Sarmaya: A Museum On The Internet
Sarmaya: A Museum On The Internet

At the heart of Sarmaya is a carefully curated repository of art, artefacts and living traditions from the larger Indian subcontinent. And to think it all began with a Vaseline jar full of old coins from the princely Southern state of Travancore is, well, a little astonishing to say the least. What is Sarmaya, but? […]

At the heart of Sarmaya is a carefully curated repository of art, artefacts and living traditions from the larger Indian subcontinent. And to think it all began with a Vaseline jar full of old coins from the princely Southern state of Travancore is, well, a little astonishing to say the least. What is Sarmaya, but? To put it simply, it is an online museum. Unlike other museums that occupy physical space, Sarmaya does not adhere to boundaries of time. Hence, events that took place two centuries ago will be on the same page as a breaking story.


Sarmaya has many objects in its collection and has a plethora of genres under its canopy, from numismatics, photography, folk and tribal art, engravings/etchings, cartography to modern and contemporary art. The collection is categorised into 11 themes and seven genres on the website. But where are the physical copies of these digital prints? They are housed in the Sarmaya archive in Mumbai, which is a temperaturecontrolled storage space overseen by Komal Chitnis, Sarmaya’s manager. The museum may have been launched in 2015, but its foundations were laid in 1948, when founder Paul Abraham’s father moved to Delhi from Kerala. When Abraham reached his teenage years, his father gifted him a Vaseline jar full of old coins from Travancore. A young Abraham was thoroughly intrigued and this love for coins led to a passion for old maps.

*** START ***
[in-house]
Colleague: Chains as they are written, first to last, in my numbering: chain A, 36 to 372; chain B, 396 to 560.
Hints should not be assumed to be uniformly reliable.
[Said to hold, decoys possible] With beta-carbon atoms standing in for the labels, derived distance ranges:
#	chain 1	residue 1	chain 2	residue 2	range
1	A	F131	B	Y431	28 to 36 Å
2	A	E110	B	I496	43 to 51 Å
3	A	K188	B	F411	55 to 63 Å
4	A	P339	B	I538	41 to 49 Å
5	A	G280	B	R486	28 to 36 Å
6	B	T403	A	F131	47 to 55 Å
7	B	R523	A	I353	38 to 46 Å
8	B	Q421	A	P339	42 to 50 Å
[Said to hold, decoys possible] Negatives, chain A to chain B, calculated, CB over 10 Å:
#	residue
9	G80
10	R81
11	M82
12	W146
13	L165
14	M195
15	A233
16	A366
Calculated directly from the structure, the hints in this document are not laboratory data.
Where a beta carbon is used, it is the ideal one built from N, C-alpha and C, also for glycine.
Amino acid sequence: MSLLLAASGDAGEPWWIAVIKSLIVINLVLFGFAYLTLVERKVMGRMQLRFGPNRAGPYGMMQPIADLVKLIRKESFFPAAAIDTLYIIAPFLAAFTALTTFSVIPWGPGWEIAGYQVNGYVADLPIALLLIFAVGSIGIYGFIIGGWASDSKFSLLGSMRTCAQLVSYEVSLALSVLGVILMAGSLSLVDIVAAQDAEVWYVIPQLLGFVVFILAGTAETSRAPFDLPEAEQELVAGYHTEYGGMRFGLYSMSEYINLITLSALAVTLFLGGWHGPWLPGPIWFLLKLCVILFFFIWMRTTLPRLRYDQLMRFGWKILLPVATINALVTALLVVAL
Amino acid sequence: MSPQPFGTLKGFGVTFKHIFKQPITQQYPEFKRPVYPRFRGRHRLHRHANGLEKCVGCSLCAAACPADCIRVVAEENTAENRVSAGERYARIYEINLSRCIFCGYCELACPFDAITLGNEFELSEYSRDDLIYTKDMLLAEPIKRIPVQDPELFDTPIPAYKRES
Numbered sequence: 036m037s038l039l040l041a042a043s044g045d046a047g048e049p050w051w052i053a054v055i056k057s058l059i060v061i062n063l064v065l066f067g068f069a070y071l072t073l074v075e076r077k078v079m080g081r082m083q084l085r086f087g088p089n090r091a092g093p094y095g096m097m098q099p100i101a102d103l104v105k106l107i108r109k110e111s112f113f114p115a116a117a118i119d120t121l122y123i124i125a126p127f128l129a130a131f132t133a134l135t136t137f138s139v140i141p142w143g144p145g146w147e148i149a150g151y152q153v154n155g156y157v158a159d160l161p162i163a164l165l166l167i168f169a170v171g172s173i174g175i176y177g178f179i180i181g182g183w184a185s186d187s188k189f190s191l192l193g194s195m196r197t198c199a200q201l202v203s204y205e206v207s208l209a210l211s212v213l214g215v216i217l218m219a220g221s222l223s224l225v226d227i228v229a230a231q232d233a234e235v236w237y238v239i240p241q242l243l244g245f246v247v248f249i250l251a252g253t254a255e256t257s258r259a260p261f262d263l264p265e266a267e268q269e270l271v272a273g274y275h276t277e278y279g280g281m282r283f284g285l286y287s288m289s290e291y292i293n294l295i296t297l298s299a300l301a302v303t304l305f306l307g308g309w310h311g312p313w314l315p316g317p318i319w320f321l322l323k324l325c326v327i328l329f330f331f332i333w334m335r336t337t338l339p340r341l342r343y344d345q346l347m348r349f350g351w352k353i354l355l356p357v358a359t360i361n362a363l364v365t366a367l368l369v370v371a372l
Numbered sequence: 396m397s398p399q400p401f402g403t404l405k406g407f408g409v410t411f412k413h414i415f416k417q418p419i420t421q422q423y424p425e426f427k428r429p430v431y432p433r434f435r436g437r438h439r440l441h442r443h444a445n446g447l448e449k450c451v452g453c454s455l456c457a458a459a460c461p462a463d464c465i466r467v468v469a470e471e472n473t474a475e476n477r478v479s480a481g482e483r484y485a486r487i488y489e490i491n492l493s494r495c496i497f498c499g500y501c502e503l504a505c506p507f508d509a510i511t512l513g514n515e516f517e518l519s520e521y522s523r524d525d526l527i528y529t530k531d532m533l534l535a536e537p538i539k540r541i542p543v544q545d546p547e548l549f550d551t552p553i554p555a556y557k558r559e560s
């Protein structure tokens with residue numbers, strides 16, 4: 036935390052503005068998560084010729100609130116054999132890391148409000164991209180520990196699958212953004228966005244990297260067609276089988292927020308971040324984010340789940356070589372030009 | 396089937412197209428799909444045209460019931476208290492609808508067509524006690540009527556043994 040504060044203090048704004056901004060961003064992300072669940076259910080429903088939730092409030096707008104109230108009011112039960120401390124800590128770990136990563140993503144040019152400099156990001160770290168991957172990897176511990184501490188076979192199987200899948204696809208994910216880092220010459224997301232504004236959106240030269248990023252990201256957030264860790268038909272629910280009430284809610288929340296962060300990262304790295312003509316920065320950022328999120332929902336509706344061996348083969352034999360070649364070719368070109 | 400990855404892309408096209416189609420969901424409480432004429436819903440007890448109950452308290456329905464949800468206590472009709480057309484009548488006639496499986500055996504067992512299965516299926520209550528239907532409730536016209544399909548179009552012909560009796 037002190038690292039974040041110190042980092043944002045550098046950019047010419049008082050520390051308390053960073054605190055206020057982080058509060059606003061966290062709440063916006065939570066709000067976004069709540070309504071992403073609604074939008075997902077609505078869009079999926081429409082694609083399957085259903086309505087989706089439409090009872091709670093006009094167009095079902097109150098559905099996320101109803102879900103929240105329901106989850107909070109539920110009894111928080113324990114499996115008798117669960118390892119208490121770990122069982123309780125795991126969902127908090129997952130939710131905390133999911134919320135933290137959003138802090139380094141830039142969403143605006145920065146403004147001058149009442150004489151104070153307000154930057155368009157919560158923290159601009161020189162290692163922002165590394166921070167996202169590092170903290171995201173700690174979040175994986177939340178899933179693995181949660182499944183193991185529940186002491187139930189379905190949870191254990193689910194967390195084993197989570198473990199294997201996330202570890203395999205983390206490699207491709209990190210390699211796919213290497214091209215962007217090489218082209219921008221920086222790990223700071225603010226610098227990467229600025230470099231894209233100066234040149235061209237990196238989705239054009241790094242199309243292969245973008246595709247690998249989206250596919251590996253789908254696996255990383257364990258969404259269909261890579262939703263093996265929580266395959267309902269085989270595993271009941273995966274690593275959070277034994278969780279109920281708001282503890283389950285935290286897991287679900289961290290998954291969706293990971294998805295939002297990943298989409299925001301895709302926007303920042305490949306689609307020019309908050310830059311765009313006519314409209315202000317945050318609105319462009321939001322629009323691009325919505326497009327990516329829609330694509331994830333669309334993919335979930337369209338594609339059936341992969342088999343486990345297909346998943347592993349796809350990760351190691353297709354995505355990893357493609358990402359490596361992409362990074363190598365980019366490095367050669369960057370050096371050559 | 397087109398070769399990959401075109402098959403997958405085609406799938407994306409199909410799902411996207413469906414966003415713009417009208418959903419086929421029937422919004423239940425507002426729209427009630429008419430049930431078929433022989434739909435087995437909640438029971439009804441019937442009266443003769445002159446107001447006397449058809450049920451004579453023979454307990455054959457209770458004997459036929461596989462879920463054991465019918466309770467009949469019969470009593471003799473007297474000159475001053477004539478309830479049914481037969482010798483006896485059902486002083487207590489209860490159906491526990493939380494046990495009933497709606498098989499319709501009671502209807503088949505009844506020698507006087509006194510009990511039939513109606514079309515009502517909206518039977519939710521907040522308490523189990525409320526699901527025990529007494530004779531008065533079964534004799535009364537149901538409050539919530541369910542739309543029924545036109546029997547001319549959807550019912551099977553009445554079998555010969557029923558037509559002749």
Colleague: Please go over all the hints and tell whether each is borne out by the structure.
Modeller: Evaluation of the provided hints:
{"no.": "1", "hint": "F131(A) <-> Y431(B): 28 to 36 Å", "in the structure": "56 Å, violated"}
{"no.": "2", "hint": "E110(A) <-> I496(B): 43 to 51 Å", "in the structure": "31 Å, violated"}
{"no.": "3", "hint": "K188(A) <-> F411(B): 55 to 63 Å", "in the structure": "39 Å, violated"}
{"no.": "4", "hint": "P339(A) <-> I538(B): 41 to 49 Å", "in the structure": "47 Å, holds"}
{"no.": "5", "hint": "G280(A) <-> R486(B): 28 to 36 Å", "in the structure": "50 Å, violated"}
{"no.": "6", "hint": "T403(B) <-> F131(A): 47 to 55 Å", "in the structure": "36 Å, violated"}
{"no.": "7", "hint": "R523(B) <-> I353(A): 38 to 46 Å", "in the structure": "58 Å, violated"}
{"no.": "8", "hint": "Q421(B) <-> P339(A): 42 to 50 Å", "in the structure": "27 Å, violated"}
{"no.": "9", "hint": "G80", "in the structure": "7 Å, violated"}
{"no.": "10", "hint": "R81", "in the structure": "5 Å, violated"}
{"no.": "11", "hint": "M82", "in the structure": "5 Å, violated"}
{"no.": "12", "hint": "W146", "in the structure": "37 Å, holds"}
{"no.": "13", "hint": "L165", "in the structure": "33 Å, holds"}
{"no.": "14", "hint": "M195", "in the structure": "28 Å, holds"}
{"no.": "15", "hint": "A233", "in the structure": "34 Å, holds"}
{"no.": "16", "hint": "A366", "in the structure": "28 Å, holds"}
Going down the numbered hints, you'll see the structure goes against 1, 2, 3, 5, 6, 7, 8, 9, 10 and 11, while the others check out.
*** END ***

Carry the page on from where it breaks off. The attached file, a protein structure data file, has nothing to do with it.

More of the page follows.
So why the name, Sarmaya? And why not an actual museum? “Over the years, I’ve learnt Urdu for a variety of reasons, mainly because it helps me interpret one of the genres in the collection — the coins. I came across the word Sarmaya, which means ‘collective wealth’. That’s the idea of Sarmaya. Our venture is our collective heritage and therefore, our collective wealth and can be shared with everyone,” says Abraham. He says they were hunting for space for the museum, but there were too many barriers. “Space in our country is a huge privilege and unfortunately, most museums are for the privileged and the elite. Also, we wanted to be a young museum. Many museums take the point of view of the expert or the academic who is educating the masses. We don’t see ourselves as that at all,” says his partner and Sarmaya’s brand custodian, Pavitra Rajaram, who is also the former lead designer at Good Earth.


Abraham uses a list of skills and tactics to source items for the collection. “Sourcing for Abraham is a full-time job and he is at it day and night,” says Rajaram. While some artefacts are acquired through dealers and auctions, others are sourced from exhibitions and the by-lanes of old cities. Everything in the collection is original work that has been purchased by Abraham for the Sarmaya Arts Foundation. While for coins, old books, photos, engravings and indigenous art, there is no permission required, acquiring contemporary art is also not much of a hassle, as long as the name of the artist is mentioned. “Usually, it is the privilege of the person or the institution that has purchased the art or the artefact to be able to display it,” says Rajaram.







Collector’s comments: “This view of Lucknow is particularly beautiful as it shows the large contingent of British troops entering the city via the famed Rumi Darwaza. We love this for its panoramic view of the great city of Lucknow, just prior to it being ravaged by the British.”